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Soul Surfer

April 9, 2011
Soul Surfer

Soul Surfer is based on the true story of Bethany Hamilton, who in 2003 was attacked by a tiger shark. She lost her left arm, and yet returned to surf again, and is now, at 21, a professional surfer. It’s not exactly hard to work this up into a movie.

We meet Bethany (AnnaSophia Robb) in Hawaii, where she lives with her parents (Helen Hunt and Dennis Quaid), her best friend Anna Blanchard (Lorraine Nicholson), and an incongruous southern California accent. Like the rest of her family, she spends as much of her time as possible surfing, and she’s very good. We see her narrowly edge out one of her competitors — who looks to be well into her twenties — in a competition at Turtle Beach.

And then things take a bad turn. She heads out surfing with Anna and her father (Kevin Sorbo), where the shark attack takes place. They rush her to the hospital where the doctor (Craig T. Nelson) who had been all set up to operate on Bethany’s father’s knee is pulled away to sew up what’s left of her arm.

Then there’s the media feeding frenzy, the difficulty doing old familiar things with only one arm, the effort to start surfing again, the initial failure in competition, and the eventual return to success. It’s not exactly the most original story to write, though the highlights are backed up by abundant home video evidence; there’s no suggestion that any particular scene was fabricated out of whole cloth. So with an A-list cast and an easily-digested feel-good plot, why is this film getting no promotion and only opening in 700 theaters nationwide?

The catch is that Soul Surfer is a very explicitly Christian movie, and for the most part I really don’t see why it needs to be. Yes, the Hamiltons are evidently devout — though what athlete these days doesn’t race to be the first to invoke the name of Jesus Christ — and they may have particularly insisted. I don’t know about their own personal beliefs, but in the movie it’s presented as a rather watered-down, mostly innocuous and all-but-dogma-free version of religion, which rarely materially intrudes into the action beyond references to abstract “faith”. But the problem with bringing in such an overtly Christian element is twofold.

First, it raises the obvious questions of theodicy: why does an omniscient, omnipotent, loving God allow terrible things to happen to good people? This is an incredibly thorny problem, and it’s far beyond writer/director/producer Sean McNamara to even begin to handle it seriously. The best we get is that “God has a plan” that we aren’t in a position to fully comprehend. But the only evidence offered is as mealy-mouthed as most such arguments; is there really no better way that God could achieve these ends without maiming a little girl? It’s only convincing if you already believe, and are thrashing about, desperate to make sense of a horrific situation.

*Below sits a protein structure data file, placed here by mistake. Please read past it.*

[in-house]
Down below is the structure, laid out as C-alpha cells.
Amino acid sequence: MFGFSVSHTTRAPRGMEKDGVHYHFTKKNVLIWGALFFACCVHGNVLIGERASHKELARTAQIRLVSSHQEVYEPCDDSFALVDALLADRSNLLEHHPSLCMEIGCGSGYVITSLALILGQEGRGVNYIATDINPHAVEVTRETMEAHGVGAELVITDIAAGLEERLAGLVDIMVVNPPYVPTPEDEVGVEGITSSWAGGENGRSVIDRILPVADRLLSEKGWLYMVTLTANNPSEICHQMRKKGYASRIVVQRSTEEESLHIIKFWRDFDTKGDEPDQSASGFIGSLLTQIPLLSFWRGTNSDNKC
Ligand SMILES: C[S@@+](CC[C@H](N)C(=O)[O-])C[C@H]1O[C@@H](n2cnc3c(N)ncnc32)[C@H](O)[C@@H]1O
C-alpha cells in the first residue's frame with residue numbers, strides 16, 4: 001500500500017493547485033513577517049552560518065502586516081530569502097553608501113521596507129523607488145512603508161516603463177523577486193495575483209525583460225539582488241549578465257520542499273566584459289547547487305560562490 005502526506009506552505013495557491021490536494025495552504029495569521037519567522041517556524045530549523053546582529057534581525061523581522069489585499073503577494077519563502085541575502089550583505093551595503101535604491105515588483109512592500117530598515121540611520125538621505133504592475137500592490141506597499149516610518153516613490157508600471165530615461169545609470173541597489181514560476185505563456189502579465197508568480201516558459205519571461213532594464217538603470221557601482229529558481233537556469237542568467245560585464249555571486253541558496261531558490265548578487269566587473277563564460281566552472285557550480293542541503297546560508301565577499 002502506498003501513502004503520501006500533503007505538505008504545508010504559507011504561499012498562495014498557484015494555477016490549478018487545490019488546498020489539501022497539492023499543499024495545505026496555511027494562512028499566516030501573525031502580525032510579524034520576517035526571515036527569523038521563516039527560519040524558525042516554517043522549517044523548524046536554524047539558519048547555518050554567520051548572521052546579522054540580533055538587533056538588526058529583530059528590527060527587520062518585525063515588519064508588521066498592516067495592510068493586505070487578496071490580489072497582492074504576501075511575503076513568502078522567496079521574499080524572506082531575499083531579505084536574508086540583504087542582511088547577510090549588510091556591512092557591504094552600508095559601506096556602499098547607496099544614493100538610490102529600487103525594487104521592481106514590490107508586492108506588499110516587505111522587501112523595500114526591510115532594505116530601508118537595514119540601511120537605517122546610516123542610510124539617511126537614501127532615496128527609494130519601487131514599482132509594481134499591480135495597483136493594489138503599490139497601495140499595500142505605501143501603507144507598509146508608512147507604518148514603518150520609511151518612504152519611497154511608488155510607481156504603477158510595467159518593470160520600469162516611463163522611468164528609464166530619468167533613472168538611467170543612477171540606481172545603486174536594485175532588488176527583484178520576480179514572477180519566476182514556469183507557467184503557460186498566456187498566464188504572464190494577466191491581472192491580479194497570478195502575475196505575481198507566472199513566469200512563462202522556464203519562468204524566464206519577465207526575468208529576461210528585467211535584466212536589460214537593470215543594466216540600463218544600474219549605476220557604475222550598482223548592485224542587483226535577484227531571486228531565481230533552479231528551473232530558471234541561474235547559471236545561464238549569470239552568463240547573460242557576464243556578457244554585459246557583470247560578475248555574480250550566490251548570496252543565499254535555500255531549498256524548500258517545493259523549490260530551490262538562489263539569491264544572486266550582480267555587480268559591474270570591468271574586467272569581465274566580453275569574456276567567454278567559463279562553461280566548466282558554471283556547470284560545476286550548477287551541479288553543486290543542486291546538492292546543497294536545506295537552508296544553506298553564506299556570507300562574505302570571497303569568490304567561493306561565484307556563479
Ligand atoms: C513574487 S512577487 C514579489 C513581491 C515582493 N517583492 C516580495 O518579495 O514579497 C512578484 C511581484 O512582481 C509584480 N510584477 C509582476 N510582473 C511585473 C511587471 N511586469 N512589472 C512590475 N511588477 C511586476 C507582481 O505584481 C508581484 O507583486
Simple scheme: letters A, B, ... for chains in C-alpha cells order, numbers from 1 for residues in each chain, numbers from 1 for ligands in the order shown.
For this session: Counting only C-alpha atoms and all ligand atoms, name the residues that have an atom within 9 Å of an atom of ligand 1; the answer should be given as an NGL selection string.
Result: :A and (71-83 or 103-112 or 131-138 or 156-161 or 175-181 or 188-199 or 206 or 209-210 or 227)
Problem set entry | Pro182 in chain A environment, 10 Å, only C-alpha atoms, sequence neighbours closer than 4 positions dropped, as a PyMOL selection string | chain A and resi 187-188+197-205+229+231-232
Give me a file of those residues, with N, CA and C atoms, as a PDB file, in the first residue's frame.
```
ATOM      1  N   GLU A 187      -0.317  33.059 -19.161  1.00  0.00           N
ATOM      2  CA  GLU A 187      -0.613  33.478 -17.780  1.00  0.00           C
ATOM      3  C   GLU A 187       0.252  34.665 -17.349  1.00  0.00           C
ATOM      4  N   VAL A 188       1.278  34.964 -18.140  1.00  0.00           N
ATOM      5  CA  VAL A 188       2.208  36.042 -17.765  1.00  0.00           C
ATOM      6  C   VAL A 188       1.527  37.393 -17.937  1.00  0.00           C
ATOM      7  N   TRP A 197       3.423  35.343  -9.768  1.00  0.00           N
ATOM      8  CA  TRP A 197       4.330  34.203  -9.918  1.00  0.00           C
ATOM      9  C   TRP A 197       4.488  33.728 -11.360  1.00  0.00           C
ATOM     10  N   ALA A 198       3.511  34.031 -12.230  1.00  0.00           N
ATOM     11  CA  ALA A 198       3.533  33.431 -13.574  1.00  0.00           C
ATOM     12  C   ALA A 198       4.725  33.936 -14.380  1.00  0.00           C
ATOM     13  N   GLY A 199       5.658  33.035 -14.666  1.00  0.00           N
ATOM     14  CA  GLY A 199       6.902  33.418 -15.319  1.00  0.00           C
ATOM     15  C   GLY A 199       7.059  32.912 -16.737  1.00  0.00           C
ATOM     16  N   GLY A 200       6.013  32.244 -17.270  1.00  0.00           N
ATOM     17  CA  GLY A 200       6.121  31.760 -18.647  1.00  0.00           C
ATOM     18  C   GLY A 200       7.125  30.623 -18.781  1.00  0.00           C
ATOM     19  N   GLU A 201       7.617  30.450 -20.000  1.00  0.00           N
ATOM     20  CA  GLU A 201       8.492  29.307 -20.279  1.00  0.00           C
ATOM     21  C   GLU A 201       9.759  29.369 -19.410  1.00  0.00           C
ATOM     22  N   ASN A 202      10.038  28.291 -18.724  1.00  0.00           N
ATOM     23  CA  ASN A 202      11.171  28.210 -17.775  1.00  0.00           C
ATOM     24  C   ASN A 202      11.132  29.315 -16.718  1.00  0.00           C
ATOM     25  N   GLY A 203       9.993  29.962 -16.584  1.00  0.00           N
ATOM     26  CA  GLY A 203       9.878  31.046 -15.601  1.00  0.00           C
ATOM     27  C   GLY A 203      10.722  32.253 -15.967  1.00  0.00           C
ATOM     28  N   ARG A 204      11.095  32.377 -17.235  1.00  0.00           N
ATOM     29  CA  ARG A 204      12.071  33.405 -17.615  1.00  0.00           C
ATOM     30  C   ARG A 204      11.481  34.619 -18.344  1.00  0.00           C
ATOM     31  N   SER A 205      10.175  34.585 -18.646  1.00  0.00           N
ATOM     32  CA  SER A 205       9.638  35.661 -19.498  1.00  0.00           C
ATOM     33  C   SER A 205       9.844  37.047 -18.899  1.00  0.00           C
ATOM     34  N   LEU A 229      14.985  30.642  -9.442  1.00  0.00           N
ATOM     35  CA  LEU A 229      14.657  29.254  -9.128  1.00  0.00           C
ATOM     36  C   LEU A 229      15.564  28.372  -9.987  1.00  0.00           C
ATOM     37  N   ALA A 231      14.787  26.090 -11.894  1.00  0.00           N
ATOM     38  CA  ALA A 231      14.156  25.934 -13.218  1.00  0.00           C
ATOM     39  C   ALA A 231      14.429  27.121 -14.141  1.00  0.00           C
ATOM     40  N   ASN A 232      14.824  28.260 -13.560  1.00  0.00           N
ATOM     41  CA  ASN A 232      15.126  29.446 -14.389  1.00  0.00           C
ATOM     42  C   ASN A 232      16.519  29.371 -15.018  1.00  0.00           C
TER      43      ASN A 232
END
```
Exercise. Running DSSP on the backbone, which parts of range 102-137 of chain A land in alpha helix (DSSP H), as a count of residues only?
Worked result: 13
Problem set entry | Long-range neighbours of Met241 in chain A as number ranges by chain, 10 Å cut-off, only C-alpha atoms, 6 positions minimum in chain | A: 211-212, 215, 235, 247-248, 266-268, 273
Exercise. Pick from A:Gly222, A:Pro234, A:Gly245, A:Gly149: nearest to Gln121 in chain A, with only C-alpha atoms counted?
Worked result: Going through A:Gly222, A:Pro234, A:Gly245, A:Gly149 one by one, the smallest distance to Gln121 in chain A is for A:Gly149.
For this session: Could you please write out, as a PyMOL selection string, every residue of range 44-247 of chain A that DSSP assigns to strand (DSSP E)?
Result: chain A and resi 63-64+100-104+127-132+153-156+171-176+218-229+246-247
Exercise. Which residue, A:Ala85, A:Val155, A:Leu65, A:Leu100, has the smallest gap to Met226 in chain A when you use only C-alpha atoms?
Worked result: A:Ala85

Secondly — and more subtly — everything is just too easy. Yes, we know the basic facts are true, but there’s a lot that must have been left out; the Bethany we see on screen is simply not human. Where is the denial? the anger? the bargaining? the depression? This girl’s arm is removed and her only question is when she can get back in the water? There are no medical complications? no post-traumatic stress? Even before and especially after the attack she is, for lack of a better word, beatific.

The only implied explanation is her faith, and possibly some sort of subtle divine intervention — though, again, where was He when the shark attacked in the first place. This is indeed portrayed as unwavering, but can that really be true? Did the real Bethany’s most significant crisis of faith really come and go in the space of a commercial break? Did she really only cry when confronted by someone who’d lost even more, which moment of self-awareness only serves to make her more stereotypically heroic?

Even if all this is true, all it shows is that Bethany Hamilton is an exceptional young woman, which I don’t think was ever in doubt. But the key root here is “exception”; this is not the norm. Walter Reed is full of amputees with every bit as much inborn faith and tenacity as Bethany, who are nevertheless plagued by years of mental and emotional fallout. Faith alone simply does not fix everything; that way lies anti-vaccination and Christian Science and wrong-sounding Muppets.

Worth It: no.
Bechdel Test: pass.

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